When the Iowa Cubs added precautionary netting to extend to each end of both Principal Park dugouts back in 2016, team president/general manager Sam Bernabe did it with the intention of one day extending the nets even farther.
Bernabe, someday, wanted to extend the nets all the way down to both foul poles, protecting even more fans from balls and bats flying into the stands.
The day is coming.
Bernabe said the Cubs plan to extend the nets all the way down to both fouls poles for the start of next season.
The move has been in the works for quite some time now, but the precautionary measure has become a national subject after Chicago Cubs outfielder Albert Almora Jr. laced a line drive into the stands that hit and injured a young girl.
Bernabe said his organization has been talking about making the move long before the scary situation occurred in Houston this week.
“I remember having a conversation with Andy MacPhail when he was the president of the Cubs — that far back — about running nets down,” Bernabe said. “So we’ve been giving it consideration. It’s been on my radar for a long time.
“The fan safety is just something we really work at — whether it’s just coming to the game and walking down the concourse or going into the bathrooms or heading into the parking lots or just walking around the stadium. Everything is important from the standpoint of fan safety. We don’t ever want anybody to come to the game and then leave in any different shape than when they came.”
Netting around parks entered the forefront of the safety conversation this week after Almora’s line drive into the stands.
Almora, who played for the Iowa Cubs in 2016, was emotional after seeing the line drive go into the stands. He then broke down, hugging a security guard when he got an update on the injured fan. The incident has prompted plenty of debate about whether more protected netting needs to be added to ballparks.
As far as Bernabe is concerned, it’s not a debate. It will happen at Principal Park.
The club has been preparing to make the move for a while.
Prior to the 2016 season, the Cubs extended the backstop netting to both ends of the dugout as an added safety measure to fans.
The move came with Major League Baseball’s recommendation that all major-league teams and their affiliates extend the netting prior to Opening Day for the 2017 season.
The Iowa Cubs, who were under no obligation to do it, not only did but did it a year ahead of time.
And when Bernabe had 50-foot poles added outside the park, he did it with the intention of extending the netting more. Bernabe hopes to have it done for next season.
“I’ve been working on this for about 10 months and we’ve got some more opinions back and we need to put some more bracing in or another couple of poles,” Bernabe said. “There are just a variety of things that we’ve been working on that it’s not going to allow me to put them up this year — I don’t believe. If I do, it would be toward the end of the year. It just takes some time to put together.”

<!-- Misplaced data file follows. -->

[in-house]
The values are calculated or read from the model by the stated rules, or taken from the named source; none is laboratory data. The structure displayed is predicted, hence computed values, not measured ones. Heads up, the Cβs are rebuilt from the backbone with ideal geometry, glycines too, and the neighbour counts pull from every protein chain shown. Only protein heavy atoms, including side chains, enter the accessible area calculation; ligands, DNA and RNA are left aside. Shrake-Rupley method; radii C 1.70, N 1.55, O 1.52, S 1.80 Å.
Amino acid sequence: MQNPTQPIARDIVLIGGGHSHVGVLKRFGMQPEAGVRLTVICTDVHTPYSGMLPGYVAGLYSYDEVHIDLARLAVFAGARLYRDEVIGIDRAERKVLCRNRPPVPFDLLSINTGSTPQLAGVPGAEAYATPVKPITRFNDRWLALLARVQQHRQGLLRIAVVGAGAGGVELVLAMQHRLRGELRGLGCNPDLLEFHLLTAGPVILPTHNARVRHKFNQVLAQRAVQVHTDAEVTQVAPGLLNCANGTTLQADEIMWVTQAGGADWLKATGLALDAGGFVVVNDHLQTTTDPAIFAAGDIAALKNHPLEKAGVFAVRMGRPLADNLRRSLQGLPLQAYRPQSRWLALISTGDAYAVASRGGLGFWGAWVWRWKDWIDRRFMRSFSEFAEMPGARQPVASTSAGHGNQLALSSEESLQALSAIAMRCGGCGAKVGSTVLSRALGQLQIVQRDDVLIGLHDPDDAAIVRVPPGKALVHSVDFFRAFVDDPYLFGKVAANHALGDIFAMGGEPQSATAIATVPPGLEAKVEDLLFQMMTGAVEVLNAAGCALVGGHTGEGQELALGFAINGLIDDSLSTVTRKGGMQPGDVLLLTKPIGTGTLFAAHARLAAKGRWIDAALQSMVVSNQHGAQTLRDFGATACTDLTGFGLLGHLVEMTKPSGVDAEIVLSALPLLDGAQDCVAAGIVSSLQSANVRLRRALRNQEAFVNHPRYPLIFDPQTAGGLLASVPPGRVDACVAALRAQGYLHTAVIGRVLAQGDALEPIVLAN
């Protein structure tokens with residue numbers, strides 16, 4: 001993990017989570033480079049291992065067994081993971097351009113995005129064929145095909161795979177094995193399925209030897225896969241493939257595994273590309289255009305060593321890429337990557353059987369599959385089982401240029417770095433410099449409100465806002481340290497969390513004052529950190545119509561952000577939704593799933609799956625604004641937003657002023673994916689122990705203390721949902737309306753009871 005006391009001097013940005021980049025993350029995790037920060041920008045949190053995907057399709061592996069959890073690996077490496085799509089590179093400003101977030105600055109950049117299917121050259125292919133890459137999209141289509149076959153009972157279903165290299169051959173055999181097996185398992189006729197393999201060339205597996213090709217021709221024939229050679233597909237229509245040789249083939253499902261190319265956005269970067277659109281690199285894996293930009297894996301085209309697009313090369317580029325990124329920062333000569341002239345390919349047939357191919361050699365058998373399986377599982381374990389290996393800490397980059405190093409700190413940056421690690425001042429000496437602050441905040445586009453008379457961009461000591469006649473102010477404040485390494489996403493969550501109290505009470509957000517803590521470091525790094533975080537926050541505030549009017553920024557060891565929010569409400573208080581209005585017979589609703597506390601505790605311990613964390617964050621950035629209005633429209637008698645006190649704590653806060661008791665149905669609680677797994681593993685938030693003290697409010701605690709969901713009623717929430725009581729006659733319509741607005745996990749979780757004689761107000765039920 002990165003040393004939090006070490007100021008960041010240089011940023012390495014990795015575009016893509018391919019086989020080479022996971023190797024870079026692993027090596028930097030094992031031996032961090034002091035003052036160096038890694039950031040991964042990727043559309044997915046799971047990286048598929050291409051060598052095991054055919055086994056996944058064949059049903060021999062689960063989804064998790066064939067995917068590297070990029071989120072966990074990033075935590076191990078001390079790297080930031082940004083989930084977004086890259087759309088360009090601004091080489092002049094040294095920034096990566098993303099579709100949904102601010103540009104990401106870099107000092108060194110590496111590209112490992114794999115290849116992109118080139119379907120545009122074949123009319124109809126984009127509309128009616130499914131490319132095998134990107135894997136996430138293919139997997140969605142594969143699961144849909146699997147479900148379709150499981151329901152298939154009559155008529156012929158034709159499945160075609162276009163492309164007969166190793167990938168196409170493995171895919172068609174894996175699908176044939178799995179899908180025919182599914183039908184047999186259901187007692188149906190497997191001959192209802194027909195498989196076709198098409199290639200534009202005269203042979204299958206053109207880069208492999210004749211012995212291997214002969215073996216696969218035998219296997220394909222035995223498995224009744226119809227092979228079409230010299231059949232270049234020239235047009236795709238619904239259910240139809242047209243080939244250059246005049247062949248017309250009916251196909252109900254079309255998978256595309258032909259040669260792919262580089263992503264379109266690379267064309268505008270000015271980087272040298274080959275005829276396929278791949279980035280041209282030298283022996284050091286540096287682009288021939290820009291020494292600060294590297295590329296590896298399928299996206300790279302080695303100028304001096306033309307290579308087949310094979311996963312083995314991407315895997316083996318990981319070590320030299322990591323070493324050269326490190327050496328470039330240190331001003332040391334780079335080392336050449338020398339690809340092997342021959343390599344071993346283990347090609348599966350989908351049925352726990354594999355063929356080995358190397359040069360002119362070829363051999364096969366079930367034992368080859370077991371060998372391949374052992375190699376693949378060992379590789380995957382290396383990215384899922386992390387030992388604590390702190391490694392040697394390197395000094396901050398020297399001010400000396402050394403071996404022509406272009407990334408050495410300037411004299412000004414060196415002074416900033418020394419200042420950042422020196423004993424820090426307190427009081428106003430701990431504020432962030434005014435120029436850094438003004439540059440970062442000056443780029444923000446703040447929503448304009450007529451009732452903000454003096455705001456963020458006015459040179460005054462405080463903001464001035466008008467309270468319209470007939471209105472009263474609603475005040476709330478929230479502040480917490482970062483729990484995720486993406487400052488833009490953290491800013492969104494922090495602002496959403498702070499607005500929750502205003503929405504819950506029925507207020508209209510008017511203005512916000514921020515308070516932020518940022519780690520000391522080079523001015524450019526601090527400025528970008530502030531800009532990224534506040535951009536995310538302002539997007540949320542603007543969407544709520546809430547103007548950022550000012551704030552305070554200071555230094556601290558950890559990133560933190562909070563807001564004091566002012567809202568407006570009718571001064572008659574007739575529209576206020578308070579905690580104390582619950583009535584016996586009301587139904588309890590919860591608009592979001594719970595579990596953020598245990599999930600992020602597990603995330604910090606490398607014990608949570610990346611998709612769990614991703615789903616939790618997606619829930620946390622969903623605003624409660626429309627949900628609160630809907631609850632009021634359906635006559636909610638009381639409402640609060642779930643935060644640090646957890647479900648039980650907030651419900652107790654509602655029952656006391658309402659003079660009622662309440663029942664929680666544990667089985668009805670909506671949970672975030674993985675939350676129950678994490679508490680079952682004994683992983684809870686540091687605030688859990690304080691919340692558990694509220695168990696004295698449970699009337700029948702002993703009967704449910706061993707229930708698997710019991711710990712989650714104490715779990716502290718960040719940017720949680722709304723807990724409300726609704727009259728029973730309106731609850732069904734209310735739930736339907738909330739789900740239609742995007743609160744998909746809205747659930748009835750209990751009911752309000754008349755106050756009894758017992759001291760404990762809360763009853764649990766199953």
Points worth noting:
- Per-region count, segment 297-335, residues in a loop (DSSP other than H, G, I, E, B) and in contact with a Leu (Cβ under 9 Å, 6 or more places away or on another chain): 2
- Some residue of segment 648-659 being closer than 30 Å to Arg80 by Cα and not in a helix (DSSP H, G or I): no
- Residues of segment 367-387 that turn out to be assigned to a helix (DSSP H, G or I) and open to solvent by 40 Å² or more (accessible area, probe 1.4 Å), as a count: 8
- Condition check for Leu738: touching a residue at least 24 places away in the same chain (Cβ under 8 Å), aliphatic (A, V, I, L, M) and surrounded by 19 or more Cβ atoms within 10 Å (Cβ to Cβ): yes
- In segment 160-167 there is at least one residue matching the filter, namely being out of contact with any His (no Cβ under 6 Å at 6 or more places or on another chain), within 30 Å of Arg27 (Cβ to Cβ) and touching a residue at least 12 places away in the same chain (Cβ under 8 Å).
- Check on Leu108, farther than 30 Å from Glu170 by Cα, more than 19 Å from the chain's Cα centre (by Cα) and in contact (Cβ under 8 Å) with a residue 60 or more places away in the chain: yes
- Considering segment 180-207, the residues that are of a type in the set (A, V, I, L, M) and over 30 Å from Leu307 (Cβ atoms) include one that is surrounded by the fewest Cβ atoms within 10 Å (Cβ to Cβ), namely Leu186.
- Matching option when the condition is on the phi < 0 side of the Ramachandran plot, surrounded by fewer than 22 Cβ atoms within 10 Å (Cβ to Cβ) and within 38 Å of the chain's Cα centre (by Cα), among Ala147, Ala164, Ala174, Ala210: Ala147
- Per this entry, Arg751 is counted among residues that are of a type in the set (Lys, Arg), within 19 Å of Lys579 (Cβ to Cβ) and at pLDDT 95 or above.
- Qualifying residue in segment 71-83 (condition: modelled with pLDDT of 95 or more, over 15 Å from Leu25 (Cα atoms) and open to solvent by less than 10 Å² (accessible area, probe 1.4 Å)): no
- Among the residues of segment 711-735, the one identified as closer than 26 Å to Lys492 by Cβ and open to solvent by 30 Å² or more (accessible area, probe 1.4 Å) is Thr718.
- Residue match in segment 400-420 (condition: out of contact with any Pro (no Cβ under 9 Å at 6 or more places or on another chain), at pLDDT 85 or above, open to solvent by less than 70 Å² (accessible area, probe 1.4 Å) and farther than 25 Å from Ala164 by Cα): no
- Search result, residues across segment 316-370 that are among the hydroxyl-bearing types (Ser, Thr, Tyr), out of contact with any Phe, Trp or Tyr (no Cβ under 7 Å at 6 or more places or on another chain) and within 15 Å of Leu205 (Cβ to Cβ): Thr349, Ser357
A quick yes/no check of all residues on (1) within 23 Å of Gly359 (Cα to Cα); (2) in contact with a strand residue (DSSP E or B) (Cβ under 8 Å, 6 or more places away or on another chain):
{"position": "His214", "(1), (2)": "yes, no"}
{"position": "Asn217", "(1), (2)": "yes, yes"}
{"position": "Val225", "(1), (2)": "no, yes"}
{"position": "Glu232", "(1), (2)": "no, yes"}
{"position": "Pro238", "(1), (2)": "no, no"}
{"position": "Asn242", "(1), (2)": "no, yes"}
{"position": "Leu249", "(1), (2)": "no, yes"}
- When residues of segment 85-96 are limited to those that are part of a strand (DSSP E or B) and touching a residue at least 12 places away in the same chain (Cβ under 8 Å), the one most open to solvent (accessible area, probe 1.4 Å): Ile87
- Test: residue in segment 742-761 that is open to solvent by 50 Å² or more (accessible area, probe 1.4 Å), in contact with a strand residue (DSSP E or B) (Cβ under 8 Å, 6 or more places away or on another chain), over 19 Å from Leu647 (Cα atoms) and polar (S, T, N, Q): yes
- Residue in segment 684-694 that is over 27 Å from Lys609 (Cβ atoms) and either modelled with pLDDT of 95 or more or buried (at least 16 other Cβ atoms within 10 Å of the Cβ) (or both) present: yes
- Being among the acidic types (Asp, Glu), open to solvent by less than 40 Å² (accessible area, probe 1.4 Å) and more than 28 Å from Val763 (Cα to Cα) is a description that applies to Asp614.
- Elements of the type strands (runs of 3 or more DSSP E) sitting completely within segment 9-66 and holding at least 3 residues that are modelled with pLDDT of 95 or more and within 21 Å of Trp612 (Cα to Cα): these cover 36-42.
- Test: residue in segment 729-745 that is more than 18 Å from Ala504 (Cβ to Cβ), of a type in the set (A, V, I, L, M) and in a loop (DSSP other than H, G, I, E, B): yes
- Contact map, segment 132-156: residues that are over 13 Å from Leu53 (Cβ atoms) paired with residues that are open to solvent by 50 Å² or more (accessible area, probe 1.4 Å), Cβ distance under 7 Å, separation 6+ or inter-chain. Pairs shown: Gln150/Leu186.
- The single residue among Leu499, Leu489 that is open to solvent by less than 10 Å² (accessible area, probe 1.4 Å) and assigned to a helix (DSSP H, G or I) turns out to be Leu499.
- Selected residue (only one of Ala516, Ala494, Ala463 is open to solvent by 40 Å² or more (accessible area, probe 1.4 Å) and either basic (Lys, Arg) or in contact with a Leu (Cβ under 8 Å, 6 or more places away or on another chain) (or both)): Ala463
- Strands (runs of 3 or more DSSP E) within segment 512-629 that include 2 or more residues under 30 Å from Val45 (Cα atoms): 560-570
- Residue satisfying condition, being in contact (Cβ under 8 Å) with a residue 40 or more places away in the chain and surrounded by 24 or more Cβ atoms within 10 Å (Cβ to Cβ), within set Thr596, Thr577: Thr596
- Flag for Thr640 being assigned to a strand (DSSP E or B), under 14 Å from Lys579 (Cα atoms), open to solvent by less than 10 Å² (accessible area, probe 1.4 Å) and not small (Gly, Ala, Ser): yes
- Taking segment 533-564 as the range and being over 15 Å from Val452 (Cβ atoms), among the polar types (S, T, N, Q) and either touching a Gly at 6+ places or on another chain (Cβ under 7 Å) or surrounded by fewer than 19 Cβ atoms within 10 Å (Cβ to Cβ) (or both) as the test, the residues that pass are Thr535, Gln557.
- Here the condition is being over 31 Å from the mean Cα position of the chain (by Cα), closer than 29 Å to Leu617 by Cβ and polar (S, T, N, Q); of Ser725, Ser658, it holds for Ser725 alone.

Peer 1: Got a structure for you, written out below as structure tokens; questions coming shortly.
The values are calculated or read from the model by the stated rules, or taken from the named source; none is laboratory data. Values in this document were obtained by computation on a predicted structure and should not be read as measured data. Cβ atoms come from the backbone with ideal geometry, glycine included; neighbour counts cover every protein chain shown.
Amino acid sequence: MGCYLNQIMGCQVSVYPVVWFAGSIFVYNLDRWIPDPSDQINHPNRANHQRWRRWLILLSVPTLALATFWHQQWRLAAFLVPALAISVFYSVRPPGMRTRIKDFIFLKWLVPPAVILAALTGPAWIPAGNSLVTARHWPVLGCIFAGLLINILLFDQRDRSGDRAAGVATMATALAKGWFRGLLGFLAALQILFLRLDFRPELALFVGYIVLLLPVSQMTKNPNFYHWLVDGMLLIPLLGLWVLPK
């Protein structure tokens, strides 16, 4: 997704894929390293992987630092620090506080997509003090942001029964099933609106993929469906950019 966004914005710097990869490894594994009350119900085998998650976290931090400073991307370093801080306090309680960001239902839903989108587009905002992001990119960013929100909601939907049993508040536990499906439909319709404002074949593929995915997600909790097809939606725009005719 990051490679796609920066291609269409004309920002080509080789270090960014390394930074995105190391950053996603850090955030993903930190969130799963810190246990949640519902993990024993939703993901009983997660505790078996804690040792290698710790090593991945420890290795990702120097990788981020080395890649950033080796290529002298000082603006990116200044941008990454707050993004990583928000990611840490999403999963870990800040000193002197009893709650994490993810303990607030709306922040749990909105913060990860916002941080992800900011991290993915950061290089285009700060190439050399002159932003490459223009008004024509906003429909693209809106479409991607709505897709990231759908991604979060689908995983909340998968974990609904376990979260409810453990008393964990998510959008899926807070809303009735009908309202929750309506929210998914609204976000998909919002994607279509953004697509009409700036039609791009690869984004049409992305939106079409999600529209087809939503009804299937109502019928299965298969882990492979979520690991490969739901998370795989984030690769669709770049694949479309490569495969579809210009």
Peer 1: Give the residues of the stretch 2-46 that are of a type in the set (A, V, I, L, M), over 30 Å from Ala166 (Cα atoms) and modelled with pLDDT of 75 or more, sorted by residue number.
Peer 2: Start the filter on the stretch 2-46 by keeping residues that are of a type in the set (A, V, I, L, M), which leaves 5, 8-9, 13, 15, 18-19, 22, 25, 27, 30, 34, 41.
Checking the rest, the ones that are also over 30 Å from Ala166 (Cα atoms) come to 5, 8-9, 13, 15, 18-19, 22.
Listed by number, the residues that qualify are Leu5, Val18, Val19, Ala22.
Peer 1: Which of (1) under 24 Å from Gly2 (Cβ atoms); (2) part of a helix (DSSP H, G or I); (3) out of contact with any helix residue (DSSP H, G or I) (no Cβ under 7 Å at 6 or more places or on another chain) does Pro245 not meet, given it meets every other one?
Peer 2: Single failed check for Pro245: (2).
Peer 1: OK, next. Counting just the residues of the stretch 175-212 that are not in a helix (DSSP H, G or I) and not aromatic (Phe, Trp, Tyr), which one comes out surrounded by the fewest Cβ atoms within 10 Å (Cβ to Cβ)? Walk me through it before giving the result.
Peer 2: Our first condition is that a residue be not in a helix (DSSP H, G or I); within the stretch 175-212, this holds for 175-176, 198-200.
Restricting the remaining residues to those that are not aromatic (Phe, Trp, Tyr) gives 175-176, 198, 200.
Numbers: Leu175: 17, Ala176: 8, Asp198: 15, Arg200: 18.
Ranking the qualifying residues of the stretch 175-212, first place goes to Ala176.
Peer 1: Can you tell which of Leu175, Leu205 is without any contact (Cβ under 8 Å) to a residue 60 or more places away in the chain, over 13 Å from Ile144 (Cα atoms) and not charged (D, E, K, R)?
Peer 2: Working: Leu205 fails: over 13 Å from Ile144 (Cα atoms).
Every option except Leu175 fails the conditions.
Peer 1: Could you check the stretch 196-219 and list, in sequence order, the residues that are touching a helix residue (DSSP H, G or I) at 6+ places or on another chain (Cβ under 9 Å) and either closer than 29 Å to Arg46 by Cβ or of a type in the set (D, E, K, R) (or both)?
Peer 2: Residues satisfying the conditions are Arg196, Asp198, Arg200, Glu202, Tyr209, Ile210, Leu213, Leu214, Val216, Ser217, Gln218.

When it does happen, there could be some negative responses from fans. Bernabe said he got it when he first added the netting the dugouts.
“The first call I got was from my insurance agent saying ‘Thank you,’” Bernabe said. “And then the second few calls I got were from disappointed season ticket holders, but we understand.
“Once they went up, I had maybe three conversations from people suggesting that maybe they’d want to move to outside the nets. They didn’t want to look through them.”
Bernabe said he gave the fans the option to either move or give up their season tickets. He urged them to try the seats first.
In the end, no one had to be moved and everyone kept their season tickets.
“From that standpoint on, just about every conversation I had with anybody was thanks for putting the nets up,” Bernabe said. “They were sitting in a spot that would have taken a line drive right in the chest or wherever.
“There are families that come to the ballpark and there are gatherings of people that come to the ballpark and there are young kids. As good as an athlete as you think you might be and as good of a baseball player as you ever thought you were, there isn’t anything that’s going to prevent you from getting drilled with a 100 mile an hour line drive.”
Bernabe is hoping the netting can help that.
And while the nets may force the Cubs to make some changes with promotions with items being thrown into the stands, Bernabe said he’s confident the creativity of his staff will allow them to find new ways to get fans involved.
The only drawback may be access to players. But that’s a sacrifice he’s willing to make.
“The protection of the fans is going to outweigh the access to the players,” Bernabe said.
Bernabe said he’s spoken to other general managers throughout minor league baseball. He said some are willing to make the move to extend the netting but believes not everyone will be on board. But Bernabe isn’t waiting.